The case manager on the European Commission’s review of the Dow/DuPont merger has said the enforcer applied principles similar to those in the US antitrust agencies’ guidelines.
Thomas Deisenhofer, the head of unit for mergers in basic industries, manufacturing and agriculture, said the much-criticised “innovation spaces” that his enforcer sought to preserve comes from EU guidelines inspired by US policy. He spoke in his personal capacity at GCR Live IP & Antitrust in Brussels earlier this month.
“Innovation spaces is just another word for something which was introduced in the US in 1995, in the tech transfer guidelines and which was called an innovation market,” Deisenhofer said – but the European Commission’s Directorate-General for Competition was loath to refer to them as innovation “markets” as nothing is bought or sold in them.
Such spaces are upstream of actual product markets, he said, “and that’s why we used that concept which is exactly the same, as has been used in the literature by the authorities throughout the world, which is also in all guidelines and which is in the US guidelines.”
In addition to the EU’s merger guidelines, which require looking at innovation effects, Deisenhofer noted that DG Comp’s research and development cooperation and technology transfer guidelines both mention innovation competition. They “speak about concepts very similar to the innovation spaces in the US, and are based on a similar concept: in a very concentrated setting with few innovators, if you have too much concentration, if you have mergers, there may be a risk to innovation.”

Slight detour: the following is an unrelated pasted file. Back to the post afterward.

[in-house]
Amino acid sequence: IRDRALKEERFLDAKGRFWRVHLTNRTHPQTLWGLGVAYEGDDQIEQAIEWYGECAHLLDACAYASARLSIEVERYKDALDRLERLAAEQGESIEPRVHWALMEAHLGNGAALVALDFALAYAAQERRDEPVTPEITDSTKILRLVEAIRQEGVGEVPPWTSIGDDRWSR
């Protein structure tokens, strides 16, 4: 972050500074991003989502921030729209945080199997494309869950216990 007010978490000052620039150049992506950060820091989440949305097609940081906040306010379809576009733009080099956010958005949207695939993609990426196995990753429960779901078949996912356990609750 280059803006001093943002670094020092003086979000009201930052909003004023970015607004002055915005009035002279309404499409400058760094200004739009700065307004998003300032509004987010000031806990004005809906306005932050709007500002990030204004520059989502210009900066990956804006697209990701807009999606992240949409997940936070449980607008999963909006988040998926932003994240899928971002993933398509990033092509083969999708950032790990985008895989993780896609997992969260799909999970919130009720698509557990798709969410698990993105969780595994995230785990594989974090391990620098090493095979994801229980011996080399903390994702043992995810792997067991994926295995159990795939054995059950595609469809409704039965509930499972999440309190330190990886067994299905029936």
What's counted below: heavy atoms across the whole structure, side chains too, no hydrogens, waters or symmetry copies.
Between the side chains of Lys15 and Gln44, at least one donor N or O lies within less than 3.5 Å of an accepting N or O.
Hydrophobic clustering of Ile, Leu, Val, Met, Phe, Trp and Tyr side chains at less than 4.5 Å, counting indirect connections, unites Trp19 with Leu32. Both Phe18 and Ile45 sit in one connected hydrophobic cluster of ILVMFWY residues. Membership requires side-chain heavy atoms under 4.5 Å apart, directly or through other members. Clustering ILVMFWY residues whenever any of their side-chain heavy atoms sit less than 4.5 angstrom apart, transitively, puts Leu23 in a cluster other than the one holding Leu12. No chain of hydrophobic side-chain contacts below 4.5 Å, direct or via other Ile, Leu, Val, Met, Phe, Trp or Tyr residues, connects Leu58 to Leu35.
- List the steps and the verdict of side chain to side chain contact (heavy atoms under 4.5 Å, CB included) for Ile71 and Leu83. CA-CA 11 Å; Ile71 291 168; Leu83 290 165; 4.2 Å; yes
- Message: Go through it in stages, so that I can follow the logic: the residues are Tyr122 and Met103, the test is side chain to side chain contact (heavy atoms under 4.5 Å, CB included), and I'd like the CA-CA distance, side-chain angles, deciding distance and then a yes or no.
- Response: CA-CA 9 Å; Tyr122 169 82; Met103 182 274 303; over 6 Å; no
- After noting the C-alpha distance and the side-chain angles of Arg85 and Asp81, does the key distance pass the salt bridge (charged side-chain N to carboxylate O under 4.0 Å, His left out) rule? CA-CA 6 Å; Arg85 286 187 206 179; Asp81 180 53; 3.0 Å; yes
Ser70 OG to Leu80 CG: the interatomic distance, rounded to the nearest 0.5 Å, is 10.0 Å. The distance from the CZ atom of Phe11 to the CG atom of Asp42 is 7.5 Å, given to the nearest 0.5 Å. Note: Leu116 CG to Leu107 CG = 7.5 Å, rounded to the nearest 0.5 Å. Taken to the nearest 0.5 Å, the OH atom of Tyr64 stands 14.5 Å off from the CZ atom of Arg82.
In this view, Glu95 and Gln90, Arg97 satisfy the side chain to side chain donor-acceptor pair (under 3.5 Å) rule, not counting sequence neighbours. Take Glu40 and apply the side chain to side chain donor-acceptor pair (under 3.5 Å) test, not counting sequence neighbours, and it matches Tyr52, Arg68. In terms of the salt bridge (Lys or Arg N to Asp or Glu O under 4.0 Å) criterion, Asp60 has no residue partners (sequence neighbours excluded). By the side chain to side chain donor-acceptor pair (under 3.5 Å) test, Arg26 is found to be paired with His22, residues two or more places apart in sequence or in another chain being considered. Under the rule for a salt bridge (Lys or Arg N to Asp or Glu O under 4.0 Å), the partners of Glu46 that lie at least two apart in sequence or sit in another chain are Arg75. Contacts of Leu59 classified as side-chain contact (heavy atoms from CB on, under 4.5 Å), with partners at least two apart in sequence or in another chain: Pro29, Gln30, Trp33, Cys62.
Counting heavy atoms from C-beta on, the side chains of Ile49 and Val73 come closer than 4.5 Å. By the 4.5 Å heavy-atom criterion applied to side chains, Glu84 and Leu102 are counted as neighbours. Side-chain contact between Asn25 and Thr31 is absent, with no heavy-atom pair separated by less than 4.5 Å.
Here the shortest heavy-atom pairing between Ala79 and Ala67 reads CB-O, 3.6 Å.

Deisenhofer noted that the number of agrichemical companies researching and bringing to market new pesticides has fallen from 40 to five, and that investment into research and development as a percentage of the companies’ revenues has fallen as consolidation increased.
“All of this is not rocket science; it comes actually from the US. We imitated the US guidelines, which were started since ’95 – the tech transfer guidelines, R&D cooperation guidelines. And most importantly, if you look at the US horizontal merger guidelines, there is a full section on innovation which has exactly these principles,” he said.
Deisenhofer also denied that Dow/DuPont was a “new case” in EU merger reviews, saying it had product overlaps and innovation overlaps – similarly to General Electric/Alstom, Deutsche Börse/ NYSE Euronext and Halliburton/Baker Hughes. He cited the US Department of Justice’s challenge to AT&T/T-Mobile as an example of innovation concerns, saying the Antitrust Division sought to block the mobile carriers’ merger on the grounds that “T-Mobile in the US was the most active innovator in bringing new tariff plans to the market.”
While all of this is fact-specific, he cautioned that Annex 4 of the commission’s Dow/DuPont decision, “Implications of the economic theory on mergers, competition and innovation”, must be understood as a rebuttal to theoretical arguments by the companies, “which is good for a discussion but it is not the legal test for future cases.”
The agrichemical industry specifically is one “where innovation is path-dependent,” in which companies have track records building on prior discoveries, Deisenhofer said. “You are not going to be Google and start innovating in pesticides tomorrow.”
Deisenhofer was joined on the panel by Gregory Crawford, an economics professor at the University of Zurich; Susan Jones, head of antitrust for Novartis; and Baker Botts partner Stephen Weissman. Conference co-chair Theon van Dijk of E.CA Economics moderated the discussion.